“The End of It” Review

By Kira Elliott, Staff Writer

Walking into the theater lobby to see alumni play “The End of It”, a feeling of slight embarrassment washed over me. I had to be the youngest person there, and I desperately began scanning the laugh-lined faces for someone under 30 years old. Since it was a benefit for the San Dieguito Theater Arts Program, there were a couple of tables set out with food from The Tavern, a local Encinitas restaurant. I checked in, grabbed a brownie, and went to find my seat.

As we filed into the theater, I also began to wonder what the “mature content” in the play was, and what it meant to be mature. Existential ponderings aside, I settled into my seat, waiting for the script-reading of “The End of It.” The two act play was written by SDA alumni, Paul Coates, and performed by six SDA alumni including Mary Jeffries (class of ’71), Bill Barker(class of ’73), Mike Ball (class of ’75), Sharon Corbett-Parry (class of ’78), Leslie Swartz-Bartlett (class of ’83), and Coates himself (class of ’76).

“The End of It” was, in the simplest terms, amazingly written and performed. There were three married couples, all in the same situation. The first couple (Drew and Joanna) was straight, the second (Andrew and Joe) were gay, and Dee and Jo were lesbian. They had just had a dinner party, and Drew, Andrew, and Dee were about to leave for a week-long business trip to London. All three of the couples had been married for 20 years and had no children… but within seconds, what seemed like a solid marriage was crumbling before our eyes.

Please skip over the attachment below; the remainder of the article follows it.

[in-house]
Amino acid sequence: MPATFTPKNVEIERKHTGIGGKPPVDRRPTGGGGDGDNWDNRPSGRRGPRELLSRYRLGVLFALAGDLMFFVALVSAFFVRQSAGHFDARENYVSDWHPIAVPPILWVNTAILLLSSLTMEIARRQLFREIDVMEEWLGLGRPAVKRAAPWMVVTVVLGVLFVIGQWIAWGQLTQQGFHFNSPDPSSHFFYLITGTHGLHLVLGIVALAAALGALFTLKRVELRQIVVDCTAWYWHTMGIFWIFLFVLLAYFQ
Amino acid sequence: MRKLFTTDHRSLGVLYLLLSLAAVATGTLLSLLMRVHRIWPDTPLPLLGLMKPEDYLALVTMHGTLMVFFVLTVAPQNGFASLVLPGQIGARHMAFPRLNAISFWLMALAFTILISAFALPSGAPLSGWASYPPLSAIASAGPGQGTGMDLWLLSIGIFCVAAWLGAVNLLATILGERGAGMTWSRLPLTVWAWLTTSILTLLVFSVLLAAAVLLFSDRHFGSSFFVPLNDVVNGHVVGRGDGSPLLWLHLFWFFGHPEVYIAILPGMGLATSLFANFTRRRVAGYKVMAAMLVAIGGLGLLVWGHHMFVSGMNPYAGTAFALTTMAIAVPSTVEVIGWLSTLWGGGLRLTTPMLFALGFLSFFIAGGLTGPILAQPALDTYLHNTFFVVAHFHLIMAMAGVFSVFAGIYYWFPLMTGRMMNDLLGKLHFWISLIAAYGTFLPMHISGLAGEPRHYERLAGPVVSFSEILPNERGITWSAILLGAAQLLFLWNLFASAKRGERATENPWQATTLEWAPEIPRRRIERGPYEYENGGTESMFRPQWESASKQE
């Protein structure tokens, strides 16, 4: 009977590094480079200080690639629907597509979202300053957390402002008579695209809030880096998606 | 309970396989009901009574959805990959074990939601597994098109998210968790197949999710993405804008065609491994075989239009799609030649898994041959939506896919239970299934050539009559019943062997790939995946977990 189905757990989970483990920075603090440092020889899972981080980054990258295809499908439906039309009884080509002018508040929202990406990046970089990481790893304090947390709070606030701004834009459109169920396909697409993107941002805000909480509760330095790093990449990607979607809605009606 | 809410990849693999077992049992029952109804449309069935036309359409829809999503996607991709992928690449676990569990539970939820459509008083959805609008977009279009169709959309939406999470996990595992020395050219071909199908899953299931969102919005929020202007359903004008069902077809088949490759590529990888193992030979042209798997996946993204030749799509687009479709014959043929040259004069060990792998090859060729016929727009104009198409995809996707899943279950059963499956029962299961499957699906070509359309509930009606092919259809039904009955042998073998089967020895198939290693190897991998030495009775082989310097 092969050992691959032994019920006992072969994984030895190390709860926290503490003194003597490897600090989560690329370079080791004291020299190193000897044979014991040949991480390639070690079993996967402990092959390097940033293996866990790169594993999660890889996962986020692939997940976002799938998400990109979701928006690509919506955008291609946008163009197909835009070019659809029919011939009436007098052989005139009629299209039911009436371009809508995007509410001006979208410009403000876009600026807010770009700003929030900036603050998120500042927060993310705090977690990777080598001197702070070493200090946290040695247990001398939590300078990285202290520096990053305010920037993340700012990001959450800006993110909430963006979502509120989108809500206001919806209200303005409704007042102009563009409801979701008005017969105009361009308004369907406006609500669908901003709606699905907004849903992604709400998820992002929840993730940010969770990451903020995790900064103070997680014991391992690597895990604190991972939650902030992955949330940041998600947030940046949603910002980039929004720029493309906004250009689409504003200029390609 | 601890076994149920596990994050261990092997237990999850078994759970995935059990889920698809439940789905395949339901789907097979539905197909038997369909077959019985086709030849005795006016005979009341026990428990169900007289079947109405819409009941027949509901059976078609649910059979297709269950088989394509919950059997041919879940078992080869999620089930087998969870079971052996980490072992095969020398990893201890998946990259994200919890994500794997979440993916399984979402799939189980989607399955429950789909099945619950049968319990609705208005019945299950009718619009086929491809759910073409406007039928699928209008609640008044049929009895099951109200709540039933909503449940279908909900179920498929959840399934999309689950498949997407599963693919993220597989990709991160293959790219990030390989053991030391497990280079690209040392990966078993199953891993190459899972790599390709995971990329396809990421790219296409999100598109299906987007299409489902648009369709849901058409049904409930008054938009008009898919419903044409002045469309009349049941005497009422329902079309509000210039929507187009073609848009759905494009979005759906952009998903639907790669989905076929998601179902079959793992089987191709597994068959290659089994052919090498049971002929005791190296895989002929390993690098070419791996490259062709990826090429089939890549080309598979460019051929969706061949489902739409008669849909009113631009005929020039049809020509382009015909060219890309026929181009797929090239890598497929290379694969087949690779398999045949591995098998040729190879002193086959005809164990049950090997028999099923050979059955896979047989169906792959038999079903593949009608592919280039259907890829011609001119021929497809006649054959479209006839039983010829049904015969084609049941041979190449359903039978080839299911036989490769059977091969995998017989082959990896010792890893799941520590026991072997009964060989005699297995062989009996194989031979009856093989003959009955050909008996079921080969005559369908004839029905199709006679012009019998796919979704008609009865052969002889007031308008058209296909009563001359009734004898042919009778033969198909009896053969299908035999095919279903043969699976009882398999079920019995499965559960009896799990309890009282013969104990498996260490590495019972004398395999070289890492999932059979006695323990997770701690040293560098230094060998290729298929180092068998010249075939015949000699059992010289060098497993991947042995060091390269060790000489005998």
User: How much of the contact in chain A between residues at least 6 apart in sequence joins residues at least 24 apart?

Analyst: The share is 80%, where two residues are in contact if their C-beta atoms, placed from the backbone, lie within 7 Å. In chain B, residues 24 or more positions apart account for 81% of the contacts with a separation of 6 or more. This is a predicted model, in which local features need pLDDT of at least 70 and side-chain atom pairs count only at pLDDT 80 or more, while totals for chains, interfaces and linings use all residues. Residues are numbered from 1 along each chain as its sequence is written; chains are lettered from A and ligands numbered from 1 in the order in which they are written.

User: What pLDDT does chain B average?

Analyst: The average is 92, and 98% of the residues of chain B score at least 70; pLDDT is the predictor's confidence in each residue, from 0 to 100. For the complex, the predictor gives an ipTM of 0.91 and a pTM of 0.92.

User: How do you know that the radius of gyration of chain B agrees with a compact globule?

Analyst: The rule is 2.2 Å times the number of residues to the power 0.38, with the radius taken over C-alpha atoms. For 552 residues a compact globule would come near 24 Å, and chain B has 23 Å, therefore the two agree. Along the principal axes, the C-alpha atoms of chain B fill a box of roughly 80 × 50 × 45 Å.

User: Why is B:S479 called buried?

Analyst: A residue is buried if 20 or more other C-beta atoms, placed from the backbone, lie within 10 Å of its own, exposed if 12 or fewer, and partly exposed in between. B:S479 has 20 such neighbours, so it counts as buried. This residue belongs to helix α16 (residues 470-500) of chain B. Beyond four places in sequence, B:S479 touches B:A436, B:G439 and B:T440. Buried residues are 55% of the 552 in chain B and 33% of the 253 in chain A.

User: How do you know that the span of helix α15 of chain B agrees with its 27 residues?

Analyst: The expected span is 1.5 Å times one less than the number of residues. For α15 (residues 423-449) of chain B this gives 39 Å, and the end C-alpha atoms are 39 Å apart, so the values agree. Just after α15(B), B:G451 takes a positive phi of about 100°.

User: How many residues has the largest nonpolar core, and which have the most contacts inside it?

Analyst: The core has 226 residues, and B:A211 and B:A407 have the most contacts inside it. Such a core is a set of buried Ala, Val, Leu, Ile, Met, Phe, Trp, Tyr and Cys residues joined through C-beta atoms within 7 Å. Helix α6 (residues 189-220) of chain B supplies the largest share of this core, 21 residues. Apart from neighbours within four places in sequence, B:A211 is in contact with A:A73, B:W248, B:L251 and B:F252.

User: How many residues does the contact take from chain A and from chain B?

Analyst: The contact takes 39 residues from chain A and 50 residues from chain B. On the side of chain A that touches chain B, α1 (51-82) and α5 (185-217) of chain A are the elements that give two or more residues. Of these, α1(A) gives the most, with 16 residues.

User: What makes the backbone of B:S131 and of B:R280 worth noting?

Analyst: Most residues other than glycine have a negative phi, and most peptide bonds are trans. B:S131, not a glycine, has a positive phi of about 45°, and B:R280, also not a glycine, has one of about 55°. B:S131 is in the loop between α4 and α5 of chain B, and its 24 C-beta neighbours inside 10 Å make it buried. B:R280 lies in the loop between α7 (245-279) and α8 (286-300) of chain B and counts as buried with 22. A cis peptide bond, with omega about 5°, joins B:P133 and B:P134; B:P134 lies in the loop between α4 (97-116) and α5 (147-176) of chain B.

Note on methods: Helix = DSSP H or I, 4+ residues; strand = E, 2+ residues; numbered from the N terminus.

It was explosive, it was funny, it was sad, and it was real. While watching, some of the audience members who had gone through similarly traumatic break-ups paled visibly, and the couples “began leaning away from each other,” according to Justin Santana, senior and narrator of the play. With each twist and turn, the audience was pulled in, some near tears, wondering if it was going to work out alright. What really brought the play to life was the realistic dialogue. There was nothing stilted or awkward about any of it. I talked to Coates after the play, and he said, “[When writing the play] I listened to people and how they talked to create the dialogue.”

“The End of It” is just the beginning. “I actually wrote three plays: ‘The End of It’, ‘The Middle of It’, and ‘The Beginning of It’,” said Coates, who has written a total of 14 plays in his lifetime. “[‘The End of It’] is about communication and how important it is in a relationship,” he said simply. “[The three plays] are about [losing and finding] love.”

For such a relatively short play, “The End of It” stole the audience’s hearts as well as any previous hopes that marriages always work out for that matter, and made us understand the power of communication in a relationship. The dialogue was beautifully written and really brought to life by the talented actors.